Many of the settlers of this land came to establish a new Jerusalem – a real, actual Heaven on earth. But, they brought with them the ideas of John Calvin who (a simplistic summary) said that wealth and riches were a sign of God’s favor and blessing on earth and that rich people were so because God was rewarding them for their goodness. Without John Calvin, there would be no America as we know it. Before him, riches and money making were not considered godly, but Dr. Calvin legitimized them. However, it is stated clearly in the Bible that one cannot serve both God and money – Either you will love the one and hate the other, or else hate the one and love the other. Give up all you have and follow me.

So, we have a spiritual, religious side that earnestly seeks the salvation of heaven, but we willingly embrace capitalism that is based on GREED, not one of your better human qualities.

Therefore, Gatsby is the perfect symbol of this dichotomy with his attempt to buy spiritual love with wealth, and corrupted wealth at that (though all wealth is corrupt). What is he really looking at when he stands on the dock and looks out over the water at the light on Daisy’s pier – the light of heaven, the love of God, the glint of gold, hope, redemption, the Star of Bethlehem, his soul??

When Nick tells Gatsby that he can’t re-live the past and Gatsby says of course you can, he is saying that wealth can get you to the innocence and simple spiritual love of a child. Gatsby is us and we are him. How we want the spiritual, pure existence, but trade it every day for HD TVs and cars with 18 cup holders.

From the first time I read the Great Gatsby, I felt that is was perhaps the greatest American novel in its clear definition of the essential American character. And that character is still so clearly evident today if you listen for it, and will perhaps always be at central core of our culture. The Dutch Traders looking at the fresh green breast of the new world. And how we have ruined it and created ashes out of paradise.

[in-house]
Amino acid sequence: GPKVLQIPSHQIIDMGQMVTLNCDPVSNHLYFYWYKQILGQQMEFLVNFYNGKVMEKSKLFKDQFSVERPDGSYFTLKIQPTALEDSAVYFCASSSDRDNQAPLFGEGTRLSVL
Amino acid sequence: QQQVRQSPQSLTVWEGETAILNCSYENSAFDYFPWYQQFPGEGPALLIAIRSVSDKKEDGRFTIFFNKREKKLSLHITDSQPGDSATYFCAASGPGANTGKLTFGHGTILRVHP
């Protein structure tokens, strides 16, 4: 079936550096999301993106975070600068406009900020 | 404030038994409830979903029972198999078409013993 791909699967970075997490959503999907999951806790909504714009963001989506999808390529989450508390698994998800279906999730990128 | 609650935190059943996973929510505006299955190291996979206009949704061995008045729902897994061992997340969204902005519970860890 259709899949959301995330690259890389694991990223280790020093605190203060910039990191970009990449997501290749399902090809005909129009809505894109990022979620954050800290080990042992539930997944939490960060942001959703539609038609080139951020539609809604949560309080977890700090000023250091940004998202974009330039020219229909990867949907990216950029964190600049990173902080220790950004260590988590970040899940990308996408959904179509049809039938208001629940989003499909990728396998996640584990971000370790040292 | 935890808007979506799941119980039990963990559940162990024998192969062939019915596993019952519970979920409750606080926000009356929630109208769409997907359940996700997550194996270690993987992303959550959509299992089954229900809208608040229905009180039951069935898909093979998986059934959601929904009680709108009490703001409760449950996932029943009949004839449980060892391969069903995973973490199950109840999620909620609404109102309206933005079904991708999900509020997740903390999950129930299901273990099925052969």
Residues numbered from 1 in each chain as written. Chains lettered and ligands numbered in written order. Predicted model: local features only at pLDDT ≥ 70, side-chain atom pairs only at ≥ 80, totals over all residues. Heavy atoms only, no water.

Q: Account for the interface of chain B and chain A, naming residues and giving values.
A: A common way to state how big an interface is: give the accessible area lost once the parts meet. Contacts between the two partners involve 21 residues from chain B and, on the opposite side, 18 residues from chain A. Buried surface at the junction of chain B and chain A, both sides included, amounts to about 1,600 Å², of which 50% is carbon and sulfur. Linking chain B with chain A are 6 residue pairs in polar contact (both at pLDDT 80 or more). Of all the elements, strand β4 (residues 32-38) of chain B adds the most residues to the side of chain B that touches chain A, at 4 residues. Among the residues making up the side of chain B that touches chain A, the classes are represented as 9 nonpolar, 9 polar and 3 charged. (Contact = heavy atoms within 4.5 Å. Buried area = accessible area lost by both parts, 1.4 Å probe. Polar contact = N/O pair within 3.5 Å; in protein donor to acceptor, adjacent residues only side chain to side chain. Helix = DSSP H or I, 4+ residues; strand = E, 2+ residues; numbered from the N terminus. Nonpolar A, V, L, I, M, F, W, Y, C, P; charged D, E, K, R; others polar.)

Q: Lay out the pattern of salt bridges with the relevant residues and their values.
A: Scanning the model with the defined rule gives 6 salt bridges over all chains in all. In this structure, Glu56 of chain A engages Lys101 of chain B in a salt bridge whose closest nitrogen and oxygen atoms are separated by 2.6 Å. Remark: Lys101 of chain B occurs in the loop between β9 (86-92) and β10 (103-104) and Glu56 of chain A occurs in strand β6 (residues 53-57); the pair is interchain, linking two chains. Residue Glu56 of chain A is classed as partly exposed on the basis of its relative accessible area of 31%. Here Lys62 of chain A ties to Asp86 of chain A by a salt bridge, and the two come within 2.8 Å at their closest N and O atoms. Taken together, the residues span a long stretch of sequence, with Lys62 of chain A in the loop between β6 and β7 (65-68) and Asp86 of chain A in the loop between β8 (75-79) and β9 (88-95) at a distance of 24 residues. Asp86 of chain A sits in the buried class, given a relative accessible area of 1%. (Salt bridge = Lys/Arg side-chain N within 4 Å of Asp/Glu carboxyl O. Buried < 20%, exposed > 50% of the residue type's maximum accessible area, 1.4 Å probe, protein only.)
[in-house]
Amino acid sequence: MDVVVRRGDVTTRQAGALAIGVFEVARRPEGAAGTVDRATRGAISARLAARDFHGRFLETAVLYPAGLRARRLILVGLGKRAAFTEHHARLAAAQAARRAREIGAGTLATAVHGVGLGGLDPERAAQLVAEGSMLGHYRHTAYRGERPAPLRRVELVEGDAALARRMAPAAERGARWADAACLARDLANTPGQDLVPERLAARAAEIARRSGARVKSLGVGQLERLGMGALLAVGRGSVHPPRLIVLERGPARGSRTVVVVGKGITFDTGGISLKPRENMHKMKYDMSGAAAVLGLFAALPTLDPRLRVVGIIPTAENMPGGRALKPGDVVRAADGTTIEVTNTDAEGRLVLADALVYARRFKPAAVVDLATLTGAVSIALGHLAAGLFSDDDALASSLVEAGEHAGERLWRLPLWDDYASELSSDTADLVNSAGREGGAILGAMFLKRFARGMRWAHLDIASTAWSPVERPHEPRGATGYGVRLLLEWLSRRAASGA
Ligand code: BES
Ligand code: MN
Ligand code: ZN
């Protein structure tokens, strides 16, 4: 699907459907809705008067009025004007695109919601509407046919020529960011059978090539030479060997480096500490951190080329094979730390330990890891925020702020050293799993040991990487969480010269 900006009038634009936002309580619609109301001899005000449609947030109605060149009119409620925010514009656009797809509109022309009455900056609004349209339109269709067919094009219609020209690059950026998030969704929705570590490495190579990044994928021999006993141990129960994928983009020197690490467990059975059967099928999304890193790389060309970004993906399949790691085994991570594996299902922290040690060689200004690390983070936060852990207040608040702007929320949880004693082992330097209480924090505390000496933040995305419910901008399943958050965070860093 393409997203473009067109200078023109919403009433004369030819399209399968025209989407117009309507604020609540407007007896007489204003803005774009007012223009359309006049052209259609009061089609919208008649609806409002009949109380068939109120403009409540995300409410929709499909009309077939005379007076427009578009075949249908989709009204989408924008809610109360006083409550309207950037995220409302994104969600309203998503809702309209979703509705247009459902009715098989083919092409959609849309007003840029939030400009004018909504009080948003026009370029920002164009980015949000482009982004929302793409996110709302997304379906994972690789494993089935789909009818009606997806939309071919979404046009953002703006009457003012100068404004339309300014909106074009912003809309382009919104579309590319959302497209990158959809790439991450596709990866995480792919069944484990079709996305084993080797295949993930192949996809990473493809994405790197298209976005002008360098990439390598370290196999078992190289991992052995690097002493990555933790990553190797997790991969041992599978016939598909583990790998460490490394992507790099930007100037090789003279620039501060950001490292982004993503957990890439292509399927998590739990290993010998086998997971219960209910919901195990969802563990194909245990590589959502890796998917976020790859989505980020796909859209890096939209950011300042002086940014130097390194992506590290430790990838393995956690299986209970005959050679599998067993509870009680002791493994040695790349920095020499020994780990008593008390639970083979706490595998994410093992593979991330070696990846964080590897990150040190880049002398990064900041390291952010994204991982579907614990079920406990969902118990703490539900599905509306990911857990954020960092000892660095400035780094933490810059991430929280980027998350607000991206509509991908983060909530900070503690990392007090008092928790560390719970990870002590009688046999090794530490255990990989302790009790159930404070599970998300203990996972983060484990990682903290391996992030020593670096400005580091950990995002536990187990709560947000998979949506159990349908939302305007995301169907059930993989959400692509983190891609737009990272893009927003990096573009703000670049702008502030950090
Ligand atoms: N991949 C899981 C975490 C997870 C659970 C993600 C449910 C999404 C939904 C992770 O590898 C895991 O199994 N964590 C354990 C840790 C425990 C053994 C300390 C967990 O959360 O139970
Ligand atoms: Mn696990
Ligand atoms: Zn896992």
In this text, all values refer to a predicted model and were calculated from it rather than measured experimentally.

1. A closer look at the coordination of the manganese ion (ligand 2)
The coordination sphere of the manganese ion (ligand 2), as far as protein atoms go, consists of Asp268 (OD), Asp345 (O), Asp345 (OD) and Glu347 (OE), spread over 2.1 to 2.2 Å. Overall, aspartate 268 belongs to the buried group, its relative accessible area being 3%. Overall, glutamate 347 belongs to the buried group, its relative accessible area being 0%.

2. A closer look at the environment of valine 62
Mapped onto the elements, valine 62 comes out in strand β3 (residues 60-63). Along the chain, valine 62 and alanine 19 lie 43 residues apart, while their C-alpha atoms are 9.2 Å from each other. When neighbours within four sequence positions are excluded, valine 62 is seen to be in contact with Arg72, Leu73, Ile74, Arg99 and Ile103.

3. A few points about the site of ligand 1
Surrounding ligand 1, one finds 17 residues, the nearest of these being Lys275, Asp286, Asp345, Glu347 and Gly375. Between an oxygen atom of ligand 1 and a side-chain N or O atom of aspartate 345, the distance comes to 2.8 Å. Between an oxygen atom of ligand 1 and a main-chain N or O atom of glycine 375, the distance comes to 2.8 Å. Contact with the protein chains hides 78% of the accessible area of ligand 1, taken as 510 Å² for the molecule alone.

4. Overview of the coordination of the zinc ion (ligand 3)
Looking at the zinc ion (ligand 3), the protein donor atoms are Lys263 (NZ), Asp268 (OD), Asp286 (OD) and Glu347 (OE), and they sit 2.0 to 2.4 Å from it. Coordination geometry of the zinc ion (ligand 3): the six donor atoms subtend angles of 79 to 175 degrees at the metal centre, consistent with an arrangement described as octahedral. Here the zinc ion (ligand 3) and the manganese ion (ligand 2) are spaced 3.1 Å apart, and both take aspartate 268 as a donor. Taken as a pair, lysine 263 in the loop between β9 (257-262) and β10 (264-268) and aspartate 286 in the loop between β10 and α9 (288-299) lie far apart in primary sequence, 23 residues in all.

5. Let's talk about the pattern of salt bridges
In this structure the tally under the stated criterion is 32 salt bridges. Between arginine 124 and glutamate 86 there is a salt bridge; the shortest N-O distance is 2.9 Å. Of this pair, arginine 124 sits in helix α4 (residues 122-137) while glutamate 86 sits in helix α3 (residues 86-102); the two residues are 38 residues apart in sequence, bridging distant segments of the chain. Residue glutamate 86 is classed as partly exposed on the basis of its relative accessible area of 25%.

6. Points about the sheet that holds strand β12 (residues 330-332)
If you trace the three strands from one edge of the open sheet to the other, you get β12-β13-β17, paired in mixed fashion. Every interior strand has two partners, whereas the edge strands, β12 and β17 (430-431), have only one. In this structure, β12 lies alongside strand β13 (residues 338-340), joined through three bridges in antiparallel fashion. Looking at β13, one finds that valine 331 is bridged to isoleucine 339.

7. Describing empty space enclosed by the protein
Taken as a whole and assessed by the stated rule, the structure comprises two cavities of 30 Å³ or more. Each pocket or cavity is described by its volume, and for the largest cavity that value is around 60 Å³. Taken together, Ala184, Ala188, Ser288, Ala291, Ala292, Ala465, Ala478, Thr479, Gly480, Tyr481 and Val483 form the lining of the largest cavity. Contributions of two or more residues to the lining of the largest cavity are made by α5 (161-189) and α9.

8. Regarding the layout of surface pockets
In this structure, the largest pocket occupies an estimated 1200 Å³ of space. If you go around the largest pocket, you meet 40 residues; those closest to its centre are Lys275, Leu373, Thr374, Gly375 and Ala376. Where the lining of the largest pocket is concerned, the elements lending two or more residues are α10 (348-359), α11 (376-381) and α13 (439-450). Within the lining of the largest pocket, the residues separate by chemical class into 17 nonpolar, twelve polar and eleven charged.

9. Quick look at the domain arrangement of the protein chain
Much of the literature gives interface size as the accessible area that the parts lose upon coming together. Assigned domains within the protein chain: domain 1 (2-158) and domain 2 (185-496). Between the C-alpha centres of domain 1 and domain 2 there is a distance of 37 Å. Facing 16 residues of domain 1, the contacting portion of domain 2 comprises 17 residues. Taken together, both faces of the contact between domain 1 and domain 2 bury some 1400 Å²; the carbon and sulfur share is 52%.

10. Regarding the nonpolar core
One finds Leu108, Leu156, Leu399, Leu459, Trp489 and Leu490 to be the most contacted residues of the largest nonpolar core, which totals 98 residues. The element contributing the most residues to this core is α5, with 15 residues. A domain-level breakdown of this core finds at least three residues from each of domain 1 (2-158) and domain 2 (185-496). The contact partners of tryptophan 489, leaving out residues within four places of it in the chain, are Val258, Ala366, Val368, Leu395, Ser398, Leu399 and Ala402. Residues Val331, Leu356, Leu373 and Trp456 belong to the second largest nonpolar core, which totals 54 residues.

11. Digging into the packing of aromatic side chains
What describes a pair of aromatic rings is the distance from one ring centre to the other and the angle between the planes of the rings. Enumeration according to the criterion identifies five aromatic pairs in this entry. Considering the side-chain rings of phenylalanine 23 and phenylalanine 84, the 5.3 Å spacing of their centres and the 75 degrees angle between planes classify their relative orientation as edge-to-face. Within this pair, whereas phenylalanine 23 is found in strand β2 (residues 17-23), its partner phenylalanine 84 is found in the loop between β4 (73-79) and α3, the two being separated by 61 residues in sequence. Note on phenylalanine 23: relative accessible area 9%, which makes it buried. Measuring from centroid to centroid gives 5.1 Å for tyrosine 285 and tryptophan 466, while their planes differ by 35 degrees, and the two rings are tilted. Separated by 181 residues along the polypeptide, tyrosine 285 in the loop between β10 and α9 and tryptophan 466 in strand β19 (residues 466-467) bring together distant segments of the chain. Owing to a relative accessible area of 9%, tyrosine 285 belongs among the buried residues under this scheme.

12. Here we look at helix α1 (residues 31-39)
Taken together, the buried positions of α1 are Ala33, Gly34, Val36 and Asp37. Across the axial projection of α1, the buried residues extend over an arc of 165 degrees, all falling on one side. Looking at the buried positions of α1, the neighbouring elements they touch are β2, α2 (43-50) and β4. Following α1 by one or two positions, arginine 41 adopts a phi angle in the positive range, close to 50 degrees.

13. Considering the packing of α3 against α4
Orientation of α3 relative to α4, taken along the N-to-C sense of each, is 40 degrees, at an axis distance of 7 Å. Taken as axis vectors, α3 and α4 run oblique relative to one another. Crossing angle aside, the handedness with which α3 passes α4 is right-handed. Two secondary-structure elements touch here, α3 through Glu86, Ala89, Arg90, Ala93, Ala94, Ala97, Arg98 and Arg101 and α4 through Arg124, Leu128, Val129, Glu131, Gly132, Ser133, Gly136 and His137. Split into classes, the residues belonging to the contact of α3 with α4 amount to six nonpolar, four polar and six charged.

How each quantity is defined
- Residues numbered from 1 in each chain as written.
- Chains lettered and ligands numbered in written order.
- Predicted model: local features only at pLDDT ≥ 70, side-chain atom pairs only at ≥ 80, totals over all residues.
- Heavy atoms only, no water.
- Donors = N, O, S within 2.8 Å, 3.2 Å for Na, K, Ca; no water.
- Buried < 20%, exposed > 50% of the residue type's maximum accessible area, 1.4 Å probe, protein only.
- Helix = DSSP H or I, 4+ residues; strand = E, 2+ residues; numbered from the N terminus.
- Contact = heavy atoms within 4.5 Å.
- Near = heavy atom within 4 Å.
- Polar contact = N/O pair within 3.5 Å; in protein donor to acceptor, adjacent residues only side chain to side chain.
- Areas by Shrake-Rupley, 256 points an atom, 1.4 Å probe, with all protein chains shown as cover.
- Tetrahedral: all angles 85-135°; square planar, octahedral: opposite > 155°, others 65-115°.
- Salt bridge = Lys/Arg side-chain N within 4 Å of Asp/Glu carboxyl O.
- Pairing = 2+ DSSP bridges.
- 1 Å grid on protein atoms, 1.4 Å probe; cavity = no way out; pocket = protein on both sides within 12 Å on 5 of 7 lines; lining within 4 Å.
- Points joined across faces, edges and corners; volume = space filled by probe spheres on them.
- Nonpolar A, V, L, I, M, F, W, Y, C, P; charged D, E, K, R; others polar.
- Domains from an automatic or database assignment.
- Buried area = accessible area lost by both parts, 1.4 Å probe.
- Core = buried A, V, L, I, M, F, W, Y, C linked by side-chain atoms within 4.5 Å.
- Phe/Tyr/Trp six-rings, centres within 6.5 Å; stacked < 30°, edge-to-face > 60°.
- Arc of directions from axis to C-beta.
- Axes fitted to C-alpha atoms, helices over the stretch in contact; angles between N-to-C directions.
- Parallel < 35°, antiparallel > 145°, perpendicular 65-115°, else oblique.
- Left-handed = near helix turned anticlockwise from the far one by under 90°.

Fitzgerald show us this over and over in the book. Remember the symbol of the eyes of Dr. T. J. Eckelberg which are mistaken for the Eyes of God, but which are just an ad poster – a product of capitalism.

But, over and above all of that, the idea that is most constantly with me from the Great Gatsby is what Nick’s father tells him before he comes East – Always remember that everyone has not had the advantages that you’ve had. And he is not talking just about money or position or power, but about the knowledge of right and wrong; the knowledge of how to live a decent life; the ability to know one’s self; power to really understand; the capacity to forgive and the strength to find contentment and love in the simple things of life.

Of course, that is just a brief summary and leaves uncovered so much of the book. To really understand the Great Gatsby, you first must understand “The Wasteland” by T.S. Elliot – that is where the ashen grey men come from and the ash wasteland the borders the land of wealth and beauty.

Listen closely to the news and you will hear this same split over and over in the words and the action. Politicians praying to God and then with the next breath giving themselves millions of dollars.

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11 responses to “2. The Great Gatsby”

  1. Lara-Wine Lady says:

    Hi Steve:

    I’m glad you read The Great Gatsby. It is one of my all-time favorite books. I also read Tender is the Night (recently), but the GG still reigns king. Don’t feel shame about not having read it before; we all have some of those books that people can’t believe we haven’t read.

    I won’t say much, but I just wanted to put in my two little cents about your comments of James Gatz. It’s too bad you saw him as vapid and vain, a man without morals. I didn’t see that at all. I saw him as lost, insecure, in love, immature, unloved, and lonely. Is that too sympathetic? People start wars because of their insecurities, they can also build big houses and put on big personalities. Yes, he broke the law, but I think what Daisy did was even worse. Tender is the Night also shows the collapse of the main character–another man people love and admire–Fitzgerald himself succumbed to his own furies. It makes one think twice about taking that time-share in the Hamptons for the summer….

  2. Steve says:

    Interesting… My wife, too, felt the same as you towards Gatsby and admonished me for feeling no remorse upon his demise.